Hawaii Island firefighters prepare for difficult-to-douse battery fires as EV popularity surges

Electric vehicles are growing in popularity on our roads and firefighters on Hawaii Island are preparing should the battery on one ignite.
Published: Mar. 16, 2023 at 5:49 PM HST|Updated: Mar. 16, 2023 at 6:55 PM HST
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HONOLULU (HawaiiNwsNow) - Electric vehicles are growing in popularity on our roads ― and firefighters on Hawaii Island are preparing should the battery on one ignite.

Once an EV catches fire, it is difficult to put out.

Videos on YouTube from various fire departments show the hours-long efforts as first responders pour thousands of gallons of water on burning cars.

Hawaii Island firefighters participated in a course earlier this year to learn more about the dangers of lithium batteries. There are three options they have when an electric car catches fire.

The first and preferred option is non-intervention, basically monitoring the fire as it burns itself out.

Hawaii Fire Department Battalion Chief Patrick Springer said this is the fastest way if it “isn’t imminently posing a threat to life or property.”

While that may disrupt traffic, sometimes for hours, it’s also safer and saves water, according to experts.

That’s because the high-voltage battery is encased in metal under the car and it’s difficult to access with a hose. “You’re just shooting water on the outside so we can cool it, but it’s not going to stop it,” Springer said.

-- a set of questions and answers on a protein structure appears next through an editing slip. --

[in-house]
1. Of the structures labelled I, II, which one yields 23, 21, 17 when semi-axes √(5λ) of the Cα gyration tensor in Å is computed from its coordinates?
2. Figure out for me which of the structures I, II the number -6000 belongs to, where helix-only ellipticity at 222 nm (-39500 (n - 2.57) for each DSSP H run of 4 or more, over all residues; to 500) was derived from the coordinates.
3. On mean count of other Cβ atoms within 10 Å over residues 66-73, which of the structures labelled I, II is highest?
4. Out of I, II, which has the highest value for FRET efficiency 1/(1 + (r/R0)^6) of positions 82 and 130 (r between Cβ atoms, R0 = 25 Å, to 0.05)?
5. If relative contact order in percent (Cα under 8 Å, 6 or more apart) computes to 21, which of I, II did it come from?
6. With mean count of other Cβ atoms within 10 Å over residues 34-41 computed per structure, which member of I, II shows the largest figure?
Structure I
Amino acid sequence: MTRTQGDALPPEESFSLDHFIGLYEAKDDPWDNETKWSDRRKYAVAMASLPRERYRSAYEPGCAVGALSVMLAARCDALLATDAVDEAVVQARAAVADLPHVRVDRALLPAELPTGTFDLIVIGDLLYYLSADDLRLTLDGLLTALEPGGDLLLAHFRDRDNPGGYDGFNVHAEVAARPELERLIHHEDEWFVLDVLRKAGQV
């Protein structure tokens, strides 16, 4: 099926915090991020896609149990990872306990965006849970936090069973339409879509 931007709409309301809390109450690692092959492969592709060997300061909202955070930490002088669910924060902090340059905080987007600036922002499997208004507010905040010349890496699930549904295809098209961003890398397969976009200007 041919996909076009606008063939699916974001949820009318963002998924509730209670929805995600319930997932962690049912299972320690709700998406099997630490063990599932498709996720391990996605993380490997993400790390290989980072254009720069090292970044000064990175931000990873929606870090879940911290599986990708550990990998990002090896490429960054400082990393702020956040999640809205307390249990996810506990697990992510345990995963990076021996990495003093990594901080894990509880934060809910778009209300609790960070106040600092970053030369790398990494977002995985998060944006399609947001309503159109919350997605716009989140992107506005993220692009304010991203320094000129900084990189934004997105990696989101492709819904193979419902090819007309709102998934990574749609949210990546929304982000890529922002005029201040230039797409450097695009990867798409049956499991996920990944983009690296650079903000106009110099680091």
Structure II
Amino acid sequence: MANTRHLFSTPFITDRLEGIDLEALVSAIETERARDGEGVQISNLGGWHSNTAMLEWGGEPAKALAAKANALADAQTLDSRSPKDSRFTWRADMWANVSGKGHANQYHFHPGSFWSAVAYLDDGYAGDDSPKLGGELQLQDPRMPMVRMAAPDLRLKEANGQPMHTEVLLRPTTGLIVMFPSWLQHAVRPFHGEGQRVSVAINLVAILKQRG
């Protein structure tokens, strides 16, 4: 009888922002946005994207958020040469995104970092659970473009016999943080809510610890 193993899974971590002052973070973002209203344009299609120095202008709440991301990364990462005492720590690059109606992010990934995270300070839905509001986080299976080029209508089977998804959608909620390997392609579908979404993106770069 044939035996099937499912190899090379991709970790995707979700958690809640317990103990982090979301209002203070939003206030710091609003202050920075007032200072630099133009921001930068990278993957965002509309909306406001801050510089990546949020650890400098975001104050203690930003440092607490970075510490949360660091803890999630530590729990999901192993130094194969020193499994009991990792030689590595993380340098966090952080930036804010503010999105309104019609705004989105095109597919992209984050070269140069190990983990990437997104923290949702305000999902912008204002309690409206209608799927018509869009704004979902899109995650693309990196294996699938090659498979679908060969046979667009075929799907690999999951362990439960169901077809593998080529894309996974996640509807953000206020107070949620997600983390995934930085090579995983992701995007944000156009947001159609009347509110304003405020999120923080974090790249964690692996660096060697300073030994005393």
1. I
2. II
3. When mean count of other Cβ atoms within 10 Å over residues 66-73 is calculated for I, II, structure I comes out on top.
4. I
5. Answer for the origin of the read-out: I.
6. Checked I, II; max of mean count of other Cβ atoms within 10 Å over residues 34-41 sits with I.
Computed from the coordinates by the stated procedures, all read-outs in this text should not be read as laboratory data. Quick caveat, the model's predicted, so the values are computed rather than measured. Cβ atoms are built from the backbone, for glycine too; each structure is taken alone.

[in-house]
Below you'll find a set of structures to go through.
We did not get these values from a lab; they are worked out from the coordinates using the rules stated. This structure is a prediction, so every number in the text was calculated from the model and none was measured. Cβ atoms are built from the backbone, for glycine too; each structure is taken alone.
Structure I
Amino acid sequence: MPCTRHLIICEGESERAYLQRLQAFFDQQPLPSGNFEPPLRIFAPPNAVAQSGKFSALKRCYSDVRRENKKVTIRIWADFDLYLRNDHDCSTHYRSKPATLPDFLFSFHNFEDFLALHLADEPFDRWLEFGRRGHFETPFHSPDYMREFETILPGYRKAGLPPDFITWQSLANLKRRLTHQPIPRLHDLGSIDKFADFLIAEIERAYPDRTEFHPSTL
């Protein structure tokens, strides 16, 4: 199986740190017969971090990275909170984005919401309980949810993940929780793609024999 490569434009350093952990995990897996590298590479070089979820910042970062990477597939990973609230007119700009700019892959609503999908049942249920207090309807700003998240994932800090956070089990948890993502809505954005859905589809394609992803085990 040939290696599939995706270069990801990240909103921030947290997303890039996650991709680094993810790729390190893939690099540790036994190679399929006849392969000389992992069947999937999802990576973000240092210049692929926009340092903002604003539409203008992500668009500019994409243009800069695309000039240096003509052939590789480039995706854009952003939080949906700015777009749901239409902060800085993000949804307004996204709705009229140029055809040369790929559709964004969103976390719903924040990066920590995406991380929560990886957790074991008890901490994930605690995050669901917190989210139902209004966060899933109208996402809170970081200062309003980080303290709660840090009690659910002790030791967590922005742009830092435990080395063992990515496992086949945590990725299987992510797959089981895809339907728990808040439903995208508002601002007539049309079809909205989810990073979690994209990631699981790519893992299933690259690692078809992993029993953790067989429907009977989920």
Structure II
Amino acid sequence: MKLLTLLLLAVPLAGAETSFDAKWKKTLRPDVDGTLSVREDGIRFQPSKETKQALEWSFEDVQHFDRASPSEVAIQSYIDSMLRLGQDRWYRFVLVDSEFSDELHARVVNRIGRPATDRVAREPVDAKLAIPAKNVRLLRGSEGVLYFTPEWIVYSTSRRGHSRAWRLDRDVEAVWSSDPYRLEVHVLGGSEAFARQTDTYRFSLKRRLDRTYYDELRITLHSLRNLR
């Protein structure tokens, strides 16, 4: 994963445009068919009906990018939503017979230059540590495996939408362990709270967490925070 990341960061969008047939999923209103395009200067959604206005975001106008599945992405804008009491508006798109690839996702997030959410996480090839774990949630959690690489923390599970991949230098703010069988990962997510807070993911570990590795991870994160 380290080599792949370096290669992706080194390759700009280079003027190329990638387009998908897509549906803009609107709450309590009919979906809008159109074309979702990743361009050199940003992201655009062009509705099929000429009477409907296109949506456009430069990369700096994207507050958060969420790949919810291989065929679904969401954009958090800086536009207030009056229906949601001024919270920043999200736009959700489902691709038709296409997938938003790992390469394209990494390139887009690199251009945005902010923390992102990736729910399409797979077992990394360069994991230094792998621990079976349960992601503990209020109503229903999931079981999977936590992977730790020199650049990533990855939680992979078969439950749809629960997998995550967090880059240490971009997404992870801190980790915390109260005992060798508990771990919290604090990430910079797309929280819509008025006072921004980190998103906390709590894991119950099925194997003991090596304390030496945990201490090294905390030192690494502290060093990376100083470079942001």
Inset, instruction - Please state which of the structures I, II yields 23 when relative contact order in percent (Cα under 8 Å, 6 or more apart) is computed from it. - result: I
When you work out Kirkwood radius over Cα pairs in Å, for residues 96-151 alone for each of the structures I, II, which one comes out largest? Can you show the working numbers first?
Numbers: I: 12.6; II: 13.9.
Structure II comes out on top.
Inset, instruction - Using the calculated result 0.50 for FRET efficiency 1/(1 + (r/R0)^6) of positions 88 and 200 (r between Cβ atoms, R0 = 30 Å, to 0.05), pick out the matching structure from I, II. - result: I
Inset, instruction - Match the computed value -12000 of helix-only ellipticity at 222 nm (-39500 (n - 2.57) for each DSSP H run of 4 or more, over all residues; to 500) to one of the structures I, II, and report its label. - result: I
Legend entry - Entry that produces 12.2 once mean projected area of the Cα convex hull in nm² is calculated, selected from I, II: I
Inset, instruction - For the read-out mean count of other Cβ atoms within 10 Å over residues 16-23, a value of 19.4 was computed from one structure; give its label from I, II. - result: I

The second option for firefighters is to take a defensive approach.

That means clear out people and other cars around it while to burns.

Christina Baxter, of a company called Hazard 3, was in charge of the course in Hilo.

Baxter said the defensive approach is meant to limit the damage caused by the car fire.

“We have to be careful about everything else,” she said.

The third option Baxter teaches is an offensive approach.

“We’re getting in close and personal with the fire,” Baxter said, adding fighting the flames is necessary if the burning car is in a parking garage or threatening to ignite other vehicles or harm people.

“Try to get it out (and) at least temporarily to get it moved away from that location.”

The battery can re-ignite later. That’s happened on tow trucks and in tow yards, but at least the danger is removed from the public.

The good news: Electric vehicles rarely catch fire compared to gas powered ones. Research by auto insurance agencies found a traditional gas car is three times more likely to ignite than an EV.

The problem is when EVs do go up flames, putting them out is a bear.

An EV can ignite when the battery is compromised, which can happen in a crash. Overheating is another reason an EV goes up in flames.

Electric cars now make up about 8% of all the vehicles on Hawaii roads. That means it’s just a matter of time before one catches fire. Springer said when it happens, his department is ready to respond.